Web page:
@jackkalvan luckily luke wilson figured out what a drop was years and years ago-
in the juggling of today, a drop is a failure of intention.
that a drop means something literally hits the floor, is a very antiquated idea. there are several factors contributing to the evolution of the meaning of the word drop, but mainly they are technical ones. with the discovery of lots of new tricks where the props never lose contact with the body, and a new focus on aesthetics (flow arts), a drop is anything which you did not intend to happen with the juggling pattern. i personally think we could all come up with a better word, which is more fitting for the juggling we do now. to still use the word drop, has such a strong historical and also literal meaning, and its very clunky to use in actual conversation. even things like judging the IJA stage championships, it gets very confusing over what is considered a drop or not, because the word drop itself generally means “to fall down” or something like that.
@jackkalvan your example over on arthur’s thread:
i would say has even more risk of dropping than a normal ball toss juggling technique. because if he misses a ball then the strings could get tangled and therefore the consequence of dropping (missing, making a mistake) is much higher. if i am juggling unattached balls and i drop one, i just recover it in whatever way i need to, and start again. sure, it can even have rolled away or bounced away but the object doesn’t usually affect the other objects. in the video above, even one tiny mistake with one object can be disastrous for the rest. and the reset time to get it all going again would be enormous as compared to regular toss juggling? of course all of this brings up other related words… risk, mistake, miss. and i think those are also unclear as to how we all use them, even to ourselves, let alone in talking to others.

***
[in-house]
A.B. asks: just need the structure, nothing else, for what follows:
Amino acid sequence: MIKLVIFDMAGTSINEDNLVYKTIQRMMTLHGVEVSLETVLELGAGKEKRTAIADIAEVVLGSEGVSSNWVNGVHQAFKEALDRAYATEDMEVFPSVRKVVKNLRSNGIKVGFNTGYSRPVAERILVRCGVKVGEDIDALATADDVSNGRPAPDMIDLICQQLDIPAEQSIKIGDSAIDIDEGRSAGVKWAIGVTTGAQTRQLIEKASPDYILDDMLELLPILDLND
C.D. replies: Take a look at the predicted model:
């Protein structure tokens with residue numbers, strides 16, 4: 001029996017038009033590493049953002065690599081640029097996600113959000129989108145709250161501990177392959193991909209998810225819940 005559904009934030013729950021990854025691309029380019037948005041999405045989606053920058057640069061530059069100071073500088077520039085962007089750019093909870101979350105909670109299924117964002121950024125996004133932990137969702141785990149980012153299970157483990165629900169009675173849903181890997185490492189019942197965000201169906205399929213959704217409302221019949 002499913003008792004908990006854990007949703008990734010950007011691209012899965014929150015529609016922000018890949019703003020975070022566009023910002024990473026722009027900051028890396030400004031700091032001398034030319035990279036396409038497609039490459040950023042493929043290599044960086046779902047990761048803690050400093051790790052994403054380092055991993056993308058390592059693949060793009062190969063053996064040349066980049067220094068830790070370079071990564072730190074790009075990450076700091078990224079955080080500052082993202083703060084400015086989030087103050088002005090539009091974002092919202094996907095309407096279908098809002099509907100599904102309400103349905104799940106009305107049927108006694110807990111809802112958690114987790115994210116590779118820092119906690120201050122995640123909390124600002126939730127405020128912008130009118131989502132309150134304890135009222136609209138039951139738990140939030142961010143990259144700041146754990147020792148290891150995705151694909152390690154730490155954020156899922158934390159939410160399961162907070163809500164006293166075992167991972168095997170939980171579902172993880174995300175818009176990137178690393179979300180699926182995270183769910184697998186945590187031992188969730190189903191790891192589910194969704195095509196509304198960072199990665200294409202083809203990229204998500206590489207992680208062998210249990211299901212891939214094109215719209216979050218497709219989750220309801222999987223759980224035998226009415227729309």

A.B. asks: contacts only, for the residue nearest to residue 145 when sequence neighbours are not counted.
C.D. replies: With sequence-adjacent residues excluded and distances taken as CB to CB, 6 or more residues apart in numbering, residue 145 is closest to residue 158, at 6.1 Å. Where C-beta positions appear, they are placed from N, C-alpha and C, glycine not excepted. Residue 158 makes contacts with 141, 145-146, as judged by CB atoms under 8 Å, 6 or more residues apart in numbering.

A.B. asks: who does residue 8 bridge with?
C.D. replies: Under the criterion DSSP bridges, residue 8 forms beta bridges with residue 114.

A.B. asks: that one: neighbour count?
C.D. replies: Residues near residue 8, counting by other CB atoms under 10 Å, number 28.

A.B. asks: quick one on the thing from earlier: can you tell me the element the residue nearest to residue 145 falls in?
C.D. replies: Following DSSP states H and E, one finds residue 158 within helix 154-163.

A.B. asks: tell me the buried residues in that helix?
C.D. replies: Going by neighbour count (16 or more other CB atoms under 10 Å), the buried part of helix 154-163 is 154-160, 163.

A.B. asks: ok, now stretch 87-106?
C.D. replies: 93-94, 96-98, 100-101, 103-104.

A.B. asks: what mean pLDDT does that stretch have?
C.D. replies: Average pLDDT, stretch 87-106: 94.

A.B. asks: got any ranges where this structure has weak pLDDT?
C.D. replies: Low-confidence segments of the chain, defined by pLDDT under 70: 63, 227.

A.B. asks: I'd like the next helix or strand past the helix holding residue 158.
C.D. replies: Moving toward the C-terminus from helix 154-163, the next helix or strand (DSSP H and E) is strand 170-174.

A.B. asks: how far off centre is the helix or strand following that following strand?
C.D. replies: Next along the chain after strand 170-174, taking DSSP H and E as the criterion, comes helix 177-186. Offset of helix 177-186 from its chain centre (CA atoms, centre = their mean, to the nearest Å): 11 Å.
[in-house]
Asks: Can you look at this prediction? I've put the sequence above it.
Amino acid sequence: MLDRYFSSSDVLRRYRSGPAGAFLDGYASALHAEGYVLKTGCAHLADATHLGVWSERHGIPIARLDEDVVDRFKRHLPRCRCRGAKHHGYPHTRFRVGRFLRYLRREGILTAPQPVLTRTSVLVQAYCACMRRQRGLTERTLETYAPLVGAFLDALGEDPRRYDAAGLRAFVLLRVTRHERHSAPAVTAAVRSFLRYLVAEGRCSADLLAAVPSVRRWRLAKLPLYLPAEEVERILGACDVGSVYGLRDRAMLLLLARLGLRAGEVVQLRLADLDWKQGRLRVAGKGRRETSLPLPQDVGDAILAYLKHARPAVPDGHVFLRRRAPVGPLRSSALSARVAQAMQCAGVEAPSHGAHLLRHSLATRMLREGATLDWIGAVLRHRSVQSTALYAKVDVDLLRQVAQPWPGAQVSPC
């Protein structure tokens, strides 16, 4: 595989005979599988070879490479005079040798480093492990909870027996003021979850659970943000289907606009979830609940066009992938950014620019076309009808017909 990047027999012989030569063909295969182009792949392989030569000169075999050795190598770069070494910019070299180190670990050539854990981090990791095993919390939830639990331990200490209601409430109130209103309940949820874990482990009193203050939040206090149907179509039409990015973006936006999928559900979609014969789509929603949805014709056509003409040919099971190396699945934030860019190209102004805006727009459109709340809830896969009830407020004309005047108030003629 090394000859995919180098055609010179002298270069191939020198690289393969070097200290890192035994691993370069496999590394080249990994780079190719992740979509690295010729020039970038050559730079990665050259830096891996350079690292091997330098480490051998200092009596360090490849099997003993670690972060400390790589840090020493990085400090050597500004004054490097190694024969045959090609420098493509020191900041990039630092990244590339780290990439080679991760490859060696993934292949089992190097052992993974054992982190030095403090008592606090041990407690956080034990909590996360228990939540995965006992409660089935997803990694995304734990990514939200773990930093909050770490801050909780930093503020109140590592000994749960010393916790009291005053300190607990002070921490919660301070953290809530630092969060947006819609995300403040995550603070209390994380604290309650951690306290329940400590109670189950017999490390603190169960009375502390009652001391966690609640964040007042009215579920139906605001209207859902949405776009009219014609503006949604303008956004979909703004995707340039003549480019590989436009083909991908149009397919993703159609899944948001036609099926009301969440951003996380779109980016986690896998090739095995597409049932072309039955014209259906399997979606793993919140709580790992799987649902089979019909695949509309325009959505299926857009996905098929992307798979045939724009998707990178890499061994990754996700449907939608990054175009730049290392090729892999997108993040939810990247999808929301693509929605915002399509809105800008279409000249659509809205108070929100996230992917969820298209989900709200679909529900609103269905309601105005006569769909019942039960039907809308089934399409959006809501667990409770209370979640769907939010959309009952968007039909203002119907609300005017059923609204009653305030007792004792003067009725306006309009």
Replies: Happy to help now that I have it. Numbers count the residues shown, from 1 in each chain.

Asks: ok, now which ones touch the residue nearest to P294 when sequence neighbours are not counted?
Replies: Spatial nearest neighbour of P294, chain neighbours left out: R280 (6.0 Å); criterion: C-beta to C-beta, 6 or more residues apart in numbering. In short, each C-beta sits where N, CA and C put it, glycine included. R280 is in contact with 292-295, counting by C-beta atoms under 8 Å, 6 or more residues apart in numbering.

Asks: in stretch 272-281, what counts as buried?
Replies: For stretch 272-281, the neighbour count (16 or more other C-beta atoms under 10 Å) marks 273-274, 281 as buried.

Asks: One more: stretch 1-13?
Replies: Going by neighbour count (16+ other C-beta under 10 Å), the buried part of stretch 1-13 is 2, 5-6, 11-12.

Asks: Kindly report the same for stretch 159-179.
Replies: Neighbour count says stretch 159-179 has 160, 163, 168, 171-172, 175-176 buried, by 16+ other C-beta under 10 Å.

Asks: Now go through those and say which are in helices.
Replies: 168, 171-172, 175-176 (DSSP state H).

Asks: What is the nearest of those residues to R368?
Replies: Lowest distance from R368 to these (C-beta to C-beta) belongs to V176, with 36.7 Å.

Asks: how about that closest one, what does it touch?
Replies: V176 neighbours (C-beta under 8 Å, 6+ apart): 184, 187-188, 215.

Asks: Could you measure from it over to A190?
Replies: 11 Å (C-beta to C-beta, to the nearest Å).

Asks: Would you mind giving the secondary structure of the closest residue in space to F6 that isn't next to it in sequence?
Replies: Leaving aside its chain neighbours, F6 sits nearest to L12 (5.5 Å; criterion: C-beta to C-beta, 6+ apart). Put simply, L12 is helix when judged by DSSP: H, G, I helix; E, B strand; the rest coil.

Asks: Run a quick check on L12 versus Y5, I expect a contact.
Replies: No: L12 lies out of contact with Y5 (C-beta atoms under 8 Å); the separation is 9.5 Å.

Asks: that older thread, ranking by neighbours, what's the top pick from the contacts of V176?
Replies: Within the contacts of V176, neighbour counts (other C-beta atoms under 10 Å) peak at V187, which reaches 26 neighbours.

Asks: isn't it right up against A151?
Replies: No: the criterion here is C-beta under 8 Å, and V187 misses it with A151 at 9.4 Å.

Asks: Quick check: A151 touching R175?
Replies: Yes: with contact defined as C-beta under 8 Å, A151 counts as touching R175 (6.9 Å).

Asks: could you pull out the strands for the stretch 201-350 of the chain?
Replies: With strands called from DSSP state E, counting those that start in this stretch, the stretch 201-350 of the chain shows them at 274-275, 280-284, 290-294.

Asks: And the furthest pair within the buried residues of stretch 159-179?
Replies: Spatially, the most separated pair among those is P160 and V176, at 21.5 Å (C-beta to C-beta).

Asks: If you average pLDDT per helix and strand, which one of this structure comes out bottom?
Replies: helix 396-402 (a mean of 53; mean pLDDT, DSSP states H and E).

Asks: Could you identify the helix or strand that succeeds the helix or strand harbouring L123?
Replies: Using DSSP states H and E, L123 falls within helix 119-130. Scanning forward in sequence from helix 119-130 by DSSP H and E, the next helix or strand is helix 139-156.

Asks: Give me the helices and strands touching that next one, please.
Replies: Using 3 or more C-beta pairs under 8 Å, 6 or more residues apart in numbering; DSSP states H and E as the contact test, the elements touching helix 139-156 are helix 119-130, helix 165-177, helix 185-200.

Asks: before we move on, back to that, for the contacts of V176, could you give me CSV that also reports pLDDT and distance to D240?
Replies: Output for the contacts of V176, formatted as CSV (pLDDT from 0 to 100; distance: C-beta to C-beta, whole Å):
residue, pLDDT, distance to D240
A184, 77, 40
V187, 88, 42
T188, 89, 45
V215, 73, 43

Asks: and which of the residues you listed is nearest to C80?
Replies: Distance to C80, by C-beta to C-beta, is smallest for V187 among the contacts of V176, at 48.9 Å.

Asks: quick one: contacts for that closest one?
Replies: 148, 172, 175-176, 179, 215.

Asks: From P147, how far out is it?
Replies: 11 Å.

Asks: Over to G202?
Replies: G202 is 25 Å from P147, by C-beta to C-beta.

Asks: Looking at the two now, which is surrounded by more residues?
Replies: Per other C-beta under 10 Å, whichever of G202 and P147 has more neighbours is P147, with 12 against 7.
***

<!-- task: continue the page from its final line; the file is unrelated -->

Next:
another fun conversation to have in the context of what is a drop- the 2 flashes of 9 clubs…first, we have emil’s:
then, we have willy’s:
in both videos, no clubs hit the floor. however, using luke’s interpretation of how people use the word drop now, one could argue that willy had a lot of drops in that he didn’t catch the clubs by the handle. and that it was his intention to catch them by the handle. and maybe even that by the pure design of the props itself, just by the fact that it has a handle, points in some direction about what will be considered a success or failure?
personally i am not bothered by willy’s video. you can say that a 9 club flash is “all the clubs go in a crossing pattern, with an equal amount of spins, and are all caught in the hands cleanly,” or however much more detail you want to throw in there. or, you can say a 9 club flash is “throwing them all up one at a time and catching them.” in that case there needs to be no discernible pattern, just as long as multiplexing isn’t used. i think willy didn’t drop because it was never his intention to catch them all by the handle. if you look at his older videos, he clearly demonstrates his style is to use the handle as an option equally to catching it in whatever way he physically can. if anything emil drops because the last club is a triple spin and not a quad, and clearly emil has a different set of intentions than willy. so who dropped? emil, willy, both, or neither?
obviously a 9 club flash is more on the upper limit of what we think is currently possible with juggling. maybe i am more forgiving for this reason. but when i watch other videos and someone catches a wrong end of a club i always think to myself “just film it again!” especially when its clear they can do the trick with minimal effort. for me then a drop is what luke says, any failure of intention. and yes, i know you can catch a club by “the wrong end” on purpose, but then that is usually demonstrated and communicated by what kind of technique is chosen.